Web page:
How to Prevent Arthritis
Arthritis is a common chronic condition among older adults. However, there are some behaviors and characteristics that increase the risk of developing arthritis and making it worse. Some of these risk factors can’t be changed, but others can be reduced by making lifestyle changes. Here are some of the most common risk factors associated with arthritis, as noted by the Centers for Disease Control and Prevention.
Risk Factors You Can Control
- Weight. Extra weight can put a strain on the joints, especially weight-bearing joints like the hips and knees. Those who are overweight or obese are more likely to develop osteoarthritis in the knee compared to those who aren’t overweight. Maintaining a healthy weight and exercise routine can help relieve stress on the joints and lower the risk of developing arthritis.
- Infection and Injuries. Many infections, especially those caused by bacteria and viruses, can infect our joints and cause arthritis to develop. In addition, joint injuries, overuse, and long-term stress on the joints can increase the risk of arthritis later in life.
- Smoking. Cigarettes can increase the risk of developing a type of arthritis called rheumatoid arthritis and can make it worse. In addition, those who smoke might find it difficult to stay physically active, which is an important element in managing the condition.
Risk Factors You Can’t Control
- Age. The risk of developing arthritis increases with age.
- Gender. Women are more at risk than men of developing most types of arthritis. Women are more likely to develop osteoarthritis, rheumatoid arthritis, and fibromyalgia, while men are more likely to develop gout.
- Genetics. People born with certain genes are more likely to develop certain types of arthritis, although experts don’t know why.
Common Types of Arthritis
There are more than 100 different types of arthritis, but some types are more common in older adults than others. While all types of arthritis target the joints, some can present themselves in different ways with different symptoms. Here are the most common forms of arthritis and what you need to know:
- Osteoarthritis (OA). Most often referred to as “wear and tear” arthritis, this form of arthritis often shows up in the hands, hips, and knees as cartilage in the joint begins to break down and the bone begins to change. OA often develops slowly and gets worse over time, presenting itself through pain, stiffness, and swelling.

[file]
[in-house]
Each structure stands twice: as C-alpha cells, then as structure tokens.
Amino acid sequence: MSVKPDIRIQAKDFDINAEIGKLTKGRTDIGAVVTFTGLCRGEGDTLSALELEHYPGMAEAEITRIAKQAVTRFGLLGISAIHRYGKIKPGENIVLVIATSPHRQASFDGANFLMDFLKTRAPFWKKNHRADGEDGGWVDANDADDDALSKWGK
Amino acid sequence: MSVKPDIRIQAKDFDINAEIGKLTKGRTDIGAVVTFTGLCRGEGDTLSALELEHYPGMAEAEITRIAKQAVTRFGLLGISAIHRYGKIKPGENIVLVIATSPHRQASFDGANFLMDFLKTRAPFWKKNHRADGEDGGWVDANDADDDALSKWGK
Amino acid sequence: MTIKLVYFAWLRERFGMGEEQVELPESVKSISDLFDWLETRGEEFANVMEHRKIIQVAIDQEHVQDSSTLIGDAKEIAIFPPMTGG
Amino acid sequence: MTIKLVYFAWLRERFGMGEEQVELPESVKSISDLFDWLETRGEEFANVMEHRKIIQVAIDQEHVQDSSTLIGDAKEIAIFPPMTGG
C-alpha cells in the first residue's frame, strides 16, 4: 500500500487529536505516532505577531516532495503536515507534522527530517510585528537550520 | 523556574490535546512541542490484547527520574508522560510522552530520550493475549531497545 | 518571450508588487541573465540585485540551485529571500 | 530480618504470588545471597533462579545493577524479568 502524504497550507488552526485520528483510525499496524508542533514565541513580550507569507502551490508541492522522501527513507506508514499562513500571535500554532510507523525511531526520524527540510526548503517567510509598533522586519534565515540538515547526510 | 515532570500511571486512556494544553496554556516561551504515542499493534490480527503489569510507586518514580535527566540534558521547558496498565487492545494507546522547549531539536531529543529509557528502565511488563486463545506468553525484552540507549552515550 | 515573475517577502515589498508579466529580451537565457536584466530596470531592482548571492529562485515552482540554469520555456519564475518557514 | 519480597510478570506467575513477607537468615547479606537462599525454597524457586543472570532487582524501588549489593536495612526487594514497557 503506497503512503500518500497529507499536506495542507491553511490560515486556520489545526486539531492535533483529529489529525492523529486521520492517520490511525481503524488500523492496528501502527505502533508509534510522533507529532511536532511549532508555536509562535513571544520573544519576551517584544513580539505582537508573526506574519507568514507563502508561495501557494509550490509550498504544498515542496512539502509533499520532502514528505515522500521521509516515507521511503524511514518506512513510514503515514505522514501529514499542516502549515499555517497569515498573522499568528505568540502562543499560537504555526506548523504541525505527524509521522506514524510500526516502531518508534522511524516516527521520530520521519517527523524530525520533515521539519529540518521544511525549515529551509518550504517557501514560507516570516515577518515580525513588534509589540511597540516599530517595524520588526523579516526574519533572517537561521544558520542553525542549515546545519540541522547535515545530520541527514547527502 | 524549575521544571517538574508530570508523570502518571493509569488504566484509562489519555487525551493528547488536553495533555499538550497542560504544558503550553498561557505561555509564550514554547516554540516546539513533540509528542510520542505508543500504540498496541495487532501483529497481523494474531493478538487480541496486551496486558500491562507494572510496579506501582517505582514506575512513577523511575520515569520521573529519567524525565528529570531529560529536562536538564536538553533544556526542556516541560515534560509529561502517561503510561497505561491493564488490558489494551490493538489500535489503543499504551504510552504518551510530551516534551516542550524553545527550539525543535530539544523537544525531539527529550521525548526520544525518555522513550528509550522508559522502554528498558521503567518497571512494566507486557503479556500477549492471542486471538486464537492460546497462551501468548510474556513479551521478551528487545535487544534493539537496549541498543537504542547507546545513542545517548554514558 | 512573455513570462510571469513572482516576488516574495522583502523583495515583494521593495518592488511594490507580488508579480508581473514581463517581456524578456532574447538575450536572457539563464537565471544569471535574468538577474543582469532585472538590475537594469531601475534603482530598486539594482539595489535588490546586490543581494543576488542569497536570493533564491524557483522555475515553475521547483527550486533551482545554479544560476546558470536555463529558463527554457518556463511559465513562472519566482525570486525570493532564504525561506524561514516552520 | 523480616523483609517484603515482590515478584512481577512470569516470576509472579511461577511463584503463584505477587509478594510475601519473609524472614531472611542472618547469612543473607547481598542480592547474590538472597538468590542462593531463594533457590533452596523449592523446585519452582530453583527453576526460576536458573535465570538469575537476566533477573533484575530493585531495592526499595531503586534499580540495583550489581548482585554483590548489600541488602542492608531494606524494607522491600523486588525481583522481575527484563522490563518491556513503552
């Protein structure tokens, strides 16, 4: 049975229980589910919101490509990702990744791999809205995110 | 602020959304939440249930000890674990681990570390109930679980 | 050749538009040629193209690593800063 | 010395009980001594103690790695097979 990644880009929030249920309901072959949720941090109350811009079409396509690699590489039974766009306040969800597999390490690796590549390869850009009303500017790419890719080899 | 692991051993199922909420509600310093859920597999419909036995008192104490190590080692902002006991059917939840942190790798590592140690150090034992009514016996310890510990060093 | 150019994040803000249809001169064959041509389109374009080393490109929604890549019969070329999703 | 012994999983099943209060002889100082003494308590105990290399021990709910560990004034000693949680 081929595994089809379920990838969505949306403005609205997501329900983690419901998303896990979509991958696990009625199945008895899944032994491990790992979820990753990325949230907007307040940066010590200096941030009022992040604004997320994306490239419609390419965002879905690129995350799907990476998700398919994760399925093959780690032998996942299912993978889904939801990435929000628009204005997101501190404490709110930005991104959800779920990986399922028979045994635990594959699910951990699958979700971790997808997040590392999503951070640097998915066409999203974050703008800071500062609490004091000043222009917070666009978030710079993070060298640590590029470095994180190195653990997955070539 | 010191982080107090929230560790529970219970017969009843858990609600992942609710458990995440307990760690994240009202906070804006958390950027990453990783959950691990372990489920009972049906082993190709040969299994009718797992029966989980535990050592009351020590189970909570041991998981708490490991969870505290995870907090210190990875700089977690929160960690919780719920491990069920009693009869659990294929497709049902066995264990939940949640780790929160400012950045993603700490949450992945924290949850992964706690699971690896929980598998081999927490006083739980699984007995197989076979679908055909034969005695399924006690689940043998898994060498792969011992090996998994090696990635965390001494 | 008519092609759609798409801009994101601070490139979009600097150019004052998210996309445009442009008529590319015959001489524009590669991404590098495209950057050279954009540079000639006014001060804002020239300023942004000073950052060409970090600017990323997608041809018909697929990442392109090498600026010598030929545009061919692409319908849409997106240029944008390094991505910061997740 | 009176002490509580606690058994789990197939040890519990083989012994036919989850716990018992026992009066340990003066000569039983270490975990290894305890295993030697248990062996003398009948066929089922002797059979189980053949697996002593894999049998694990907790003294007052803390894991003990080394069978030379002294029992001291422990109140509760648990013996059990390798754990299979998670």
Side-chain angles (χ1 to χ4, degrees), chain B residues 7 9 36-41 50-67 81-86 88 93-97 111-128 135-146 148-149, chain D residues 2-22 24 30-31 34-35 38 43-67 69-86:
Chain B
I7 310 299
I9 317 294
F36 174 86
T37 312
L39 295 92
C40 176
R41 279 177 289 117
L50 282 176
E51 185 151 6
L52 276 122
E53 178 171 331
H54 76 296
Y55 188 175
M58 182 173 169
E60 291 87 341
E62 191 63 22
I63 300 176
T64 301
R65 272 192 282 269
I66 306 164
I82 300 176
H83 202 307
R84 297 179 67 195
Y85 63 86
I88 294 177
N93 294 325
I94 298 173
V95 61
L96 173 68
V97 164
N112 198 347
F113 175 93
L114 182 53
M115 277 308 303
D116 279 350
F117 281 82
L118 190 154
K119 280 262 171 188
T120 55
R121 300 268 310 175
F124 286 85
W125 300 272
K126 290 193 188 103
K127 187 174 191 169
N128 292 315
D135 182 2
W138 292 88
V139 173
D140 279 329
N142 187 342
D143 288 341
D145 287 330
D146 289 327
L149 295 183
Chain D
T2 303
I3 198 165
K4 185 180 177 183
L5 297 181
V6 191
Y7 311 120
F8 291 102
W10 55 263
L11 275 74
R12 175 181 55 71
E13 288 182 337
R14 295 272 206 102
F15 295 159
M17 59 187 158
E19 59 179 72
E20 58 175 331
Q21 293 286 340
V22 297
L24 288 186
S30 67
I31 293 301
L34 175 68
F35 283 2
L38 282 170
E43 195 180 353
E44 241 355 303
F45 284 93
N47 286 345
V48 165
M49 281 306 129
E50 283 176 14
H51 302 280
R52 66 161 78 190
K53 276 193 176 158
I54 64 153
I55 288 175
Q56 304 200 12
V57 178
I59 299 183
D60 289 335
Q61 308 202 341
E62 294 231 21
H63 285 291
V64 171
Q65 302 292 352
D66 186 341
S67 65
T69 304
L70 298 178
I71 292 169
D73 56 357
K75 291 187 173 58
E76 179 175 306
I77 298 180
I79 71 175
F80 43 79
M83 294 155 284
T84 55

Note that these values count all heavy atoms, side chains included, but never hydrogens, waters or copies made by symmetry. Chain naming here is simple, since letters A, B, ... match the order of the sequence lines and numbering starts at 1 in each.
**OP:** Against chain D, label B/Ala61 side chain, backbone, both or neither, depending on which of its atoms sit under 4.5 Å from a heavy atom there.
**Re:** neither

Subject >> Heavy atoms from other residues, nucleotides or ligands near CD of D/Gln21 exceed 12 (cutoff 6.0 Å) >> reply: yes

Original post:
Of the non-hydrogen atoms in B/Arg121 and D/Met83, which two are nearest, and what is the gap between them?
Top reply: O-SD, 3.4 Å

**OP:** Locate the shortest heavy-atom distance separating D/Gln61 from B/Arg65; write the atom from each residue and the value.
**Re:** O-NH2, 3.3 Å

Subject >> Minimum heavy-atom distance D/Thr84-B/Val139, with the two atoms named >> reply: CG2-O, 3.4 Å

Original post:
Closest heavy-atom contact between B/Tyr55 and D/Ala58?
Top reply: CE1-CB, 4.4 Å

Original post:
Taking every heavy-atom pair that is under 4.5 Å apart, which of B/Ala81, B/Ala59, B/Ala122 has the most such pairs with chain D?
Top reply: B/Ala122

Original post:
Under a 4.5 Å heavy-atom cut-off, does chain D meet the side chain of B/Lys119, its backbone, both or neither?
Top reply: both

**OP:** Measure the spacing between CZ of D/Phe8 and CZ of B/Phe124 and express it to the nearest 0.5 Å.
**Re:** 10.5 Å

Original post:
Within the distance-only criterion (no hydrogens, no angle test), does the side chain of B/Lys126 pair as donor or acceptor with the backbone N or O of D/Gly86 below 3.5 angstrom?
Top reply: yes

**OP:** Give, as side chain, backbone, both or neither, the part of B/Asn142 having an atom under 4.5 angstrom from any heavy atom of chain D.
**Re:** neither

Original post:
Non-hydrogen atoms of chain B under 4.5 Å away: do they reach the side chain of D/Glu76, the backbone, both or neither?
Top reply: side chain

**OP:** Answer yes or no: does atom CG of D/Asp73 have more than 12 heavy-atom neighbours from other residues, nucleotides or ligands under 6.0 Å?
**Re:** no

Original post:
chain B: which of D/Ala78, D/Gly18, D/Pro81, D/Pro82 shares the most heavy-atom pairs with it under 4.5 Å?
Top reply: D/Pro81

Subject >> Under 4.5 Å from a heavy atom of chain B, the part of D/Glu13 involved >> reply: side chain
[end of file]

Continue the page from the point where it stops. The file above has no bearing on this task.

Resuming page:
- Rheumatoid Arthritis (RA). Another common type of arthritis is an autoimmune and inflammatory disease in which the immune system attacks healthy cells in the body, causing inflammation in the joints of the hands, wrists, and knees. RA can cause chronic pain and lack of balance, and can also affect other tissues throughout the body.
- Gout. This form of arthritis attacks one joint at a time, usually the big toe joint. Gout will often flare up and then go back into periods of remission in which no symptoms are present. However, repeated flares can lead to gouty arthritis, which is a progressive form of arthritis. Gout occurs when there is too much uric acid in the body — causing uric acid crystals to build up in joints, fluids, and tissues in the body — and is caused by certain foods.
Living with Arthritis at Maplewood Senior Living
At Maplewood Senior Living, our high-caliber medical teams are well-positioned to care for and support residents throughout an arthritis diagnosis. Our arthritis treatments include medical support as well as healthy and anti-inflammatory meal options and state-of-the-art exercise equipment. To learn more about these offerings or to schedule a tour, please contact us.